Look what I found today at the small flea-market that is happening every Saturday down the street from where I live. Another version of “Der Liebestraum als Twist” on the ORIOLE label from England. The record is a little beat up but it plays fine and it was only 50 cents. The label lists a Peter Pavey as the author of the Franz Liszt Twist but I`ll believe the original Liebestraum Twist was written by Christian Bruhn as long as somebody proves otherwise. This version has a similar intro: “Herrjeh, Herrjeh, Herrjeh, all lovers of Liszt will now twist!”. On the other hand musically this version beats the original version by a long shot. This is great rock`n`roll as is the B-Side Twist or Bust.
It starts with football fans shouting and has a break with a Turkish radio speaker wildly commenting on a football game. The shouted chorus is something with “Fenerbahce” , so I would guess this is a record in support of the football club “Fenerbahce Istanbul”.
There is no band name credited to the song apart from the musicians: M. Sungar on piano, S. Yurdatapan on bass guitar, R. Anglin on electric guitar, Ismet Demirai on saxophone and Durul Gence on drums. This is pretty much from the beginning of Turkish Rock`n`Roll in the early 60s. I bought some more Turkish Rock`n`Roll 45s on my last visit to Istanbul that I`m going to post in the near future.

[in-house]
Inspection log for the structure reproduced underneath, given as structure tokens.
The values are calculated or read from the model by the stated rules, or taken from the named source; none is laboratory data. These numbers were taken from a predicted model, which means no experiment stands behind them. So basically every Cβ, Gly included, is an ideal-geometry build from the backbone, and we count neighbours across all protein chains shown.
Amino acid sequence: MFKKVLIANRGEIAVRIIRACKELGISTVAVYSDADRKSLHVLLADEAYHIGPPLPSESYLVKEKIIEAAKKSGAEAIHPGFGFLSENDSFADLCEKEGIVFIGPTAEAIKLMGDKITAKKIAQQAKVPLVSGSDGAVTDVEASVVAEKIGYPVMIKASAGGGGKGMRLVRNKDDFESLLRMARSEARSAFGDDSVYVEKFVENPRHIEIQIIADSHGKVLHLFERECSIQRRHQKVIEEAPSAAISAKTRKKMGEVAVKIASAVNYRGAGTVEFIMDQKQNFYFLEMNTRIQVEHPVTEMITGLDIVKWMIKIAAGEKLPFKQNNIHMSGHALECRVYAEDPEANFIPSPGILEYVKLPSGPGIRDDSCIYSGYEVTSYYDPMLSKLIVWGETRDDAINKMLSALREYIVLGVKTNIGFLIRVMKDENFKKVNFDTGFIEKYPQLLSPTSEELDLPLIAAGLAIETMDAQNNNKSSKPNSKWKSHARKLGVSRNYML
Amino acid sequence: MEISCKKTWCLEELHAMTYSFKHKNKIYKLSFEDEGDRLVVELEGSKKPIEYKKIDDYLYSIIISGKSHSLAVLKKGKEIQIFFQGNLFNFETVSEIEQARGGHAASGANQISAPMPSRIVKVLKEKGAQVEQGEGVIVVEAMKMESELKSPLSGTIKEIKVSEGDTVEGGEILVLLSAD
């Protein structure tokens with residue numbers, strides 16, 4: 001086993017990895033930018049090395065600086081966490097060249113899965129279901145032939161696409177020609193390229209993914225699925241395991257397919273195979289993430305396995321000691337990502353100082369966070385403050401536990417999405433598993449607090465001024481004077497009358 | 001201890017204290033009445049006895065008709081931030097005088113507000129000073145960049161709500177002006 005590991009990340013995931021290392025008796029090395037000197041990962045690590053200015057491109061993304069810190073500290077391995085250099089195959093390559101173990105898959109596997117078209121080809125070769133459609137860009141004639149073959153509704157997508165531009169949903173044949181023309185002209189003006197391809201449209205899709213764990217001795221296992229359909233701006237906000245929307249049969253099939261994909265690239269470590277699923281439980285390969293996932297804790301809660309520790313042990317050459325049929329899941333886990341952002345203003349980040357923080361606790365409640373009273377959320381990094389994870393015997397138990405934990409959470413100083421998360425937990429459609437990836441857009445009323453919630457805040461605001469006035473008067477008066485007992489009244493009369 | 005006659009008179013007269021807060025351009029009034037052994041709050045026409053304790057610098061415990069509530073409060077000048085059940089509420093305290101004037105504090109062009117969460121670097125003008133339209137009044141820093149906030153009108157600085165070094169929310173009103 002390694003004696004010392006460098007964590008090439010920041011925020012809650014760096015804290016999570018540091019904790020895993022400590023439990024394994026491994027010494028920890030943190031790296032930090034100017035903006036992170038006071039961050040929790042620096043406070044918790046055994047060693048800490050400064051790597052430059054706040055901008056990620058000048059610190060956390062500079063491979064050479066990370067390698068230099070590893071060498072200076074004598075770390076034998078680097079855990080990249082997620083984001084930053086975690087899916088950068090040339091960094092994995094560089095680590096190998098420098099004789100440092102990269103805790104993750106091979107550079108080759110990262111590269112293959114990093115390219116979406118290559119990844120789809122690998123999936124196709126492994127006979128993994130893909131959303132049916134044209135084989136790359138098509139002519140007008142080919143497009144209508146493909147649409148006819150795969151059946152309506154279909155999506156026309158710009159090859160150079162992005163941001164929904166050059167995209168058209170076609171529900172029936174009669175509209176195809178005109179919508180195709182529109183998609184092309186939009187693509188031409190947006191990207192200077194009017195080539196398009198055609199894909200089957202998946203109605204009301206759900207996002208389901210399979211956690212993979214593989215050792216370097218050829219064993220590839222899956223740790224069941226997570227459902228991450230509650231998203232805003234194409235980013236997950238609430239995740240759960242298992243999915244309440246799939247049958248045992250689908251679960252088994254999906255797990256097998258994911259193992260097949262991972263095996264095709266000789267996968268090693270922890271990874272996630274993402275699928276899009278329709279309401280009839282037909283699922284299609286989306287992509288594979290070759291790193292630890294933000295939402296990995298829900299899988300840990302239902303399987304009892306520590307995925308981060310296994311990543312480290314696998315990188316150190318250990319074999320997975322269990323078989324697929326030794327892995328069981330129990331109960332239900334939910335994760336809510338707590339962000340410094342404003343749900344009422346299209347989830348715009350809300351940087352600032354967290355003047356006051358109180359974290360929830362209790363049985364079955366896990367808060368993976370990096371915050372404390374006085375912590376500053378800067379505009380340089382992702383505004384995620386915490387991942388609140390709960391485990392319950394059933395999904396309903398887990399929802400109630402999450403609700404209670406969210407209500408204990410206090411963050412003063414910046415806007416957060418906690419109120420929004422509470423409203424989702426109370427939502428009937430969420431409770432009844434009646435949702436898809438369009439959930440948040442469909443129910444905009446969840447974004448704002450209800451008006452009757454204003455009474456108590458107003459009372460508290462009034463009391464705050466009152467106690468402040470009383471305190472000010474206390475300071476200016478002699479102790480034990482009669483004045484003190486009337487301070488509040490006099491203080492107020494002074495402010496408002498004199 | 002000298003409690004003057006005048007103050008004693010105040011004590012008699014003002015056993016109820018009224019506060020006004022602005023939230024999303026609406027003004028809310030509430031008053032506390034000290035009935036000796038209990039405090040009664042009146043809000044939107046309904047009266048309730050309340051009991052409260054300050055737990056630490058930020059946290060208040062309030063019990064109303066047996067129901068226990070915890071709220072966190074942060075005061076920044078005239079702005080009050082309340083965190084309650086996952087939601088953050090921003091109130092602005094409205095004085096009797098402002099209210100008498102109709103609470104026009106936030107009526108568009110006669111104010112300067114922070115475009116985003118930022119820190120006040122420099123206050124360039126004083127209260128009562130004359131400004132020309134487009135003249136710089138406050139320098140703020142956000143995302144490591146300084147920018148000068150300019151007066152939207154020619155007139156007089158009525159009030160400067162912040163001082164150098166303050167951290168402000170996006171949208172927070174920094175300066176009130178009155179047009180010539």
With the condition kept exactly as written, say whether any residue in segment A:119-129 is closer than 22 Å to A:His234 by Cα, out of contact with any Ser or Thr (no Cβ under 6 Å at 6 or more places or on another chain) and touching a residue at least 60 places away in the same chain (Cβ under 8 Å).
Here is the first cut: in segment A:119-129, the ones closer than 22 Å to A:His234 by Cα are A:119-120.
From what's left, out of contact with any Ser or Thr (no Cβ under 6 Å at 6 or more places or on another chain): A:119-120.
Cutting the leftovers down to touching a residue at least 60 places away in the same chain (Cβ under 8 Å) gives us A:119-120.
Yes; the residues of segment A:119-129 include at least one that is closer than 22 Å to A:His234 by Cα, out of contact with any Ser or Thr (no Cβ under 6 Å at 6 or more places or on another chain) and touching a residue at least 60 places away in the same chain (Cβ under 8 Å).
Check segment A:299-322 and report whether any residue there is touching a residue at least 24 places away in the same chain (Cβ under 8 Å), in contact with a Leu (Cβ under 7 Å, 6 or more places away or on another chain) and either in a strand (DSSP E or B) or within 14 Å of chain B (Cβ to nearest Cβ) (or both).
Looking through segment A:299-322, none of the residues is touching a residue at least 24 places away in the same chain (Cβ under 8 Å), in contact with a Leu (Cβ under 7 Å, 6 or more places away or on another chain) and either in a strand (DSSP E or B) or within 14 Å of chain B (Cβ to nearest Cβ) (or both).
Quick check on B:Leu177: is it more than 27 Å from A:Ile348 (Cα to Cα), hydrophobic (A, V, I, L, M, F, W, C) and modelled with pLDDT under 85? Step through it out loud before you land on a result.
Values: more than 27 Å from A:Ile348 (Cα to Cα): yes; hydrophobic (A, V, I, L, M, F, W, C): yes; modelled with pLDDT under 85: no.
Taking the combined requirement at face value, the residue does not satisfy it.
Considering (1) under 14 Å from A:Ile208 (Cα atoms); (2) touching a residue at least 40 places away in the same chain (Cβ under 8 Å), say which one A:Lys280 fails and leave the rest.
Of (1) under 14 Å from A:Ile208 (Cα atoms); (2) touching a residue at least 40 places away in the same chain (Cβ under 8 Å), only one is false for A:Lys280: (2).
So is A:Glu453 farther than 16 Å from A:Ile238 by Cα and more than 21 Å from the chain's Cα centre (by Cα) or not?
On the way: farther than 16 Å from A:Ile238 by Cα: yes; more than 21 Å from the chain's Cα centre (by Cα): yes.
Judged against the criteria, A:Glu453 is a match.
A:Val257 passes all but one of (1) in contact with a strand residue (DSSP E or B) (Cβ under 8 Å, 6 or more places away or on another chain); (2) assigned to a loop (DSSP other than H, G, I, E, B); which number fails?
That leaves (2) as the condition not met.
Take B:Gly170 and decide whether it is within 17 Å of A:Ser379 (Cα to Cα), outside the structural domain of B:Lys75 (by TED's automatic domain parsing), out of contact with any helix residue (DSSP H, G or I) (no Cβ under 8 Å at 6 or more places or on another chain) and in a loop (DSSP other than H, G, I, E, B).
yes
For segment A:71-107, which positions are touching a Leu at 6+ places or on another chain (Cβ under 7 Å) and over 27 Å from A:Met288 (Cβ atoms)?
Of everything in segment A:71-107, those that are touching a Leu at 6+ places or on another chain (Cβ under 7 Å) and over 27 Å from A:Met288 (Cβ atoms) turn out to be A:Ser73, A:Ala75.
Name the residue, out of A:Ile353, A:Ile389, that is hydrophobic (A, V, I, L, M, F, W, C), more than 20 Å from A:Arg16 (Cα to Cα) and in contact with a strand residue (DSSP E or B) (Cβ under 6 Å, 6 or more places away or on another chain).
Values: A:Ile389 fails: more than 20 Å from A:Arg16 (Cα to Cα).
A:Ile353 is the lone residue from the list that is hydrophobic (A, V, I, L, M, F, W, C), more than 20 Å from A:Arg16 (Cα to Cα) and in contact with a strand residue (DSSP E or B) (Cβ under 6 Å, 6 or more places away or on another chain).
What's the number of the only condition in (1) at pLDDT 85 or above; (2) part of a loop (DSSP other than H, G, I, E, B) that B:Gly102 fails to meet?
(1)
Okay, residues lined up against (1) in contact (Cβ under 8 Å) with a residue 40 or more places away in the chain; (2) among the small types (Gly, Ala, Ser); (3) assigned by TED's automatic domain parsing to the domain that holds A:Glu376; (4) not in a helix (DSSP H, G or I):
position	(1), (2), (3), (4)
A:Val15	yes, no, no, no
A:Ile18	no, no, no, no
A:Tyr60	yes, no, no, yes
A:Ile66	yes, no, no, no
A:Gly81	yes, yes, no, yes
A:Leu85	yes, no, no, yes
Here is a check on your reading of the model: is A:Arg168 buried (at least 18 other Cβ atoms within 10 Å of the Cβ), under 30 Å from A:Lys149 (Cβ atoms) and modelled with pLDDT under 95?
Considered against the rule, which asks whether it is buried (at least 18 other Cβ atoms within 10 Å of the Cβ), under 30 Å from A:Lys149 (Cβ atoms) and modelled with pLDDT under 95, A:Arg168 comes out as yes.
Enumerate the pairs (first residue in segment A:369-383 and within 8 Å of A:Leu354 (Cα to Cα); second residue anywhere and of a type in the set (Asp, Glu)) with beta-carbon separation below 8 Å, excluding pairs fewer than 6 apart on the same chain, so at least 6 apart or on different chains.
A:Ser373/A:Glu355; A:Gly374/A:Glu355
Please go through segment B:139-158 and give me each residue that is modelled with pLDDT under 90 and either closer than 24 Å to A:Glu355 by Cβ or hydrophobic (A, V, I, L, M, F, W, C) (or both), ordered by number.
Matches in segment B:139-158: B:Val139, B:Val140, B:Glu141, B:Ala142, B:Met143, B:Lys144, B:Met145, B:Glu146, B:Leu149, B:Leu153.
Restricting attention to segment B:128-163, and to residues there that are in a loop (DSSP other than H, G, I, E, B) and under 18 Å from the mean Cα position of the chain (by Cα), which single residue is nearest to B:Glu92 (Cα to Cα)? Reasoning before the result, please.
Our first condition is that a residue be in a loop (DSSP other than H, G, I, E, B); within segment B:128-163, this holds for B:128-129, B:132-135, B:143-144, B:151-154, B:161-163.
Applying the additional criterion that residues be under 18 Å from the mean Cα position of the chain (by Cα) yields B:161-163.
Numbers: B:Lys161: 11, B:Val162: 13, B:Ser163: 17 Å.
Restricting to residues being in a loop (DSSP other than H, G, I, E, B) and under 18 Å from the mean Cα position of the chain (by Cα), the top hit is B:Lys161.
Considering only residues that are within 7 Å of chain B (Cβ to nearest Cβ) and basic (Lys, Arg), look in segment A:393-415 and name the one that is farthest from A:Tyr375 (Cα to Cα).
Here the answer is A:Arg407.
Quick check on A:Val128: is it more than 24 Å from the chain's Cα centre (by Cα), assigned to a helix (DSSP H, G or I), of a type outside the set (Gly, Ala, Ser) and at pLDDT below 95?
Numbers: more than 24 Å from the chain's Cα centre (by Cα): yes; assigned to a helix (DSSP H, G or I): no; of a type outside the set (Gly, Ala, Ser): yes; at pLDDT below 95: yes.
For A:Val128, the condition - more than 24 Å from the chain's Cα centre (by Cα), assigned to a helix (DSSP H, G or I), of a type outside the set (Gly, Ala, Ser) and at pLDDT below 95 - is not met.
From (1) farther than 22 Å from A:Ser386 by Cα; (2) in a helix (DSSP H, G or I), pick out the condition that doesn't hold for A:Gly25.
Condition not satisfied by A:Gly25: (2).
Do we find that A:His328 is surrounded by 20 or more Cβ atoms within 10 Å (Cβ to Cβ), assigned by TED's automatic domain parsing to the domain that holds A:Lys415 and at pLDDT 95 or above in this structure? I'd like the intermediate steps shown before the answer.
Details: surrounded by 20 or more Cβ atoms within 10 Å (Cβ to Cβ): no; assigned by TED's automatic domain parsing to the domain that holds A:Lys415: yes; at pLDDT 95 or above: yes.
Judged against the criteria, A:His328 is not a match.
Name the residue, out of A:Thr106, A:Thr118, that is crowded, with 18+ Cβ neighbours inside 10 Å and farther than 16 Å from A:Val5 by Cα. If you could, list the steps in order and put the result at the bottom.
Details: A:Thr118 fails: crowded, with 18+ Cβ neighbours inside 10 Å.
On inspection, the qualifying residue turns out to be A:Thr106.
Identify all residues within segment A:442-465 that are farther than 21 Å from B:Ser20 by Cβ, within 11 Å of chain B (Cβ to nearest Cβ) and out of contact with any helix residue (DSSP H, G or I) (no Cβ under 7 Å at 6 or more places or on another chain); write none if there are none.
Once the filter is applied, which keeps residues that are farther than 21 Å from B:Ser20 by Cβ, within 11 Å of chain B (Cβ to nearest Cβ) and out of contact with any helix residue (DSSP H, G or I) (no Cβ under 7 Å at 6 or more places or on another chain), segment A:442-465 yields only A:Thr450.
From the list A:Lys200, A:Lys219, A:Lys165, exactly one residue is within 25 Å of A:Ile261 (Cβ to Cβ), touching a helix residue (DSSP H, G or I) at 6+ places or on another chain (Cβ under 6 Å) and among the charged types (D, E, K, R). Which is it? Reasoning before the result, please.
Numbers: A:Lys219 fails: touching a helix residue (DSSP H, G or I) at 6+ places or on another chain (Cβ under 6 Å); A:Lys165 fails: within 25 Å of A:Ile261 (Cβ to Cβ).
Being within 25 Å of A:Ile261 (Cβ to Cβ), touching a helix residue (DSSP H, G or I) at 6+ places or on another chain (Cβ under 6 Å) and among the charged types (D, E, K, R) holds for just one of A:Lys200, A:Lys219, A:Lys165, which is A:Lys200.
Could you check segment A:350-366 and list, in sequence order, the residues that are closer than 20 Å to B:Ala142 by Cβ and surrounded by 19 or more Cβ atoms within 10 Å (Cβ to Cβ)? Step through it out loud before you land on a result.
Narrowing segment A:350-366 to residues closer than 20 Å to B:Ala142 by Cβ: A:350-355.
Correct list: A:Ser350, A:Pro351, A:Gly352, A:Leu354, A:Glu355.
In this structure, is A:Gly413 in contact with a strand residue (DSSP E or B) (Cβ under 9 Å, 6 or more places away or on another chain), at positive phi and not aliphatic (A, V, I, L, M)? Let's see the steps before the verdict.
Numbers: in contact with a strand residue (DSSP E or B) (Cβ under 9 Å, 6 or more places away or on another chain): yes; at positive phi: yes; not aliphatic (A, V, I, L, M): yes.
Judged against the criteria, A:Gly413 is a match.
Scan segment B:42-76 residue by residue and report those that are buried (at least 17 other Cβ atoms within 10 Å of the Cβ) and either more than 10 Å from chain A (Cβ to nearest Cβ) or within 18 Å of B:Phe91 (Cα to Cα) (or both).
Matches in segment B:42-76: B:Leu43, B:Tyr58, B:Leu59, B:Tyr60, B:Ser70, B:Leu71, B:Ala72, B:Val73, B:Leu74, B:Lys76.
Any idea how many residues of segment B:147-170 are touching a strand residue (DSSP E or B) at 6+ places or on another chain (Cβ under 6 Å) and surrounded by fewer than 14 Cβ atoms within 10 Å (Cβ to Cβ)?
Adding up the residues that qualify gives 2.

So let`s hope the Turkish fans are not wreckin`Kreuzberg tomorrow, as they can get pretty wild in their enthusiasm…
(The illustration is from a postcard that I found in Beyoglu, Istanbul)
Two weeks ago I posted a bunch or Beat records by the German cheapo labels “tip” and “Tempo”. This week it`s all about the Twist. These records are not rarities. When I really started collecting Twist records ten years ago I found them all the time. “Ya Ya” was written by Lee Dorsey and Petula Clark had a hit with her cover version “Ya Ya Twist”. This EP is interesting because there are a couple of cover versions of Twist songs by Jack Hammer on it. He was quite well known in Europe in the Twist era and two of his craziest numbers were featured on the classic “Las Vegas Grind” compilation: “The Wiggle” and “Wiggling Fool”. These Twists here are by some unknown budget artist whose real name was most certainly not Ronn Clay…
RONN CLAY, Crazy Twist, 1962
RONN CLAY, Kissin`Twist, 1962
RONN CLAY, Ya Ya Twist, 1962
Charly Cotton was really Christian Bruhn, one of Germany´s mot sucsessful composers of the post-war era, who wrote countless hits, film scores, advertisement jingles and musicals. His bio lists a job at “Tempo” records in 1957, but I don`t think he was instrumental in this release. Today Bruhn is also chairman of the board of GEMA. I hope I`m not in trouble now…
I´m going to post some more of these cover versions of “Der Liebestraum als Twist” simply because it was always my favourite of the many German Twist songs. Musically it might not be the best but it certainly is among the wildest. The song starts of with the singer shouting:” Hey, Aufgepasst, Brüder und Schwestern! Macht die Fenster zu und stopft Watte in die Türritzen! Jetzt kommt ein Twist!” ( Hey, Watch out, Brothers and Sisters! Close the Windows and put cotton in the door cracks! Here comes a Twist! ).
More cheapo Twists from the “Tempo” label, with another “Charly Cotton” cover, a Twist with a Swiss theme: Wilhelm-Tell-Twist. This one starts of quite similar with the singer going: “Hey, Aufgepasst! Brüder und Schwestern, das ist die Story von Wilhelm Tell!” ( Hey, Watch out! Brothes and Sisters this is the story of Wilhelm Tell! ). The B-Side is a cover version of Peppino di Capri`s German hit.
GERD FITZ, Wihelm-Tell-Twist, 1962
BOBBY STERN, Slop in Capri, 1962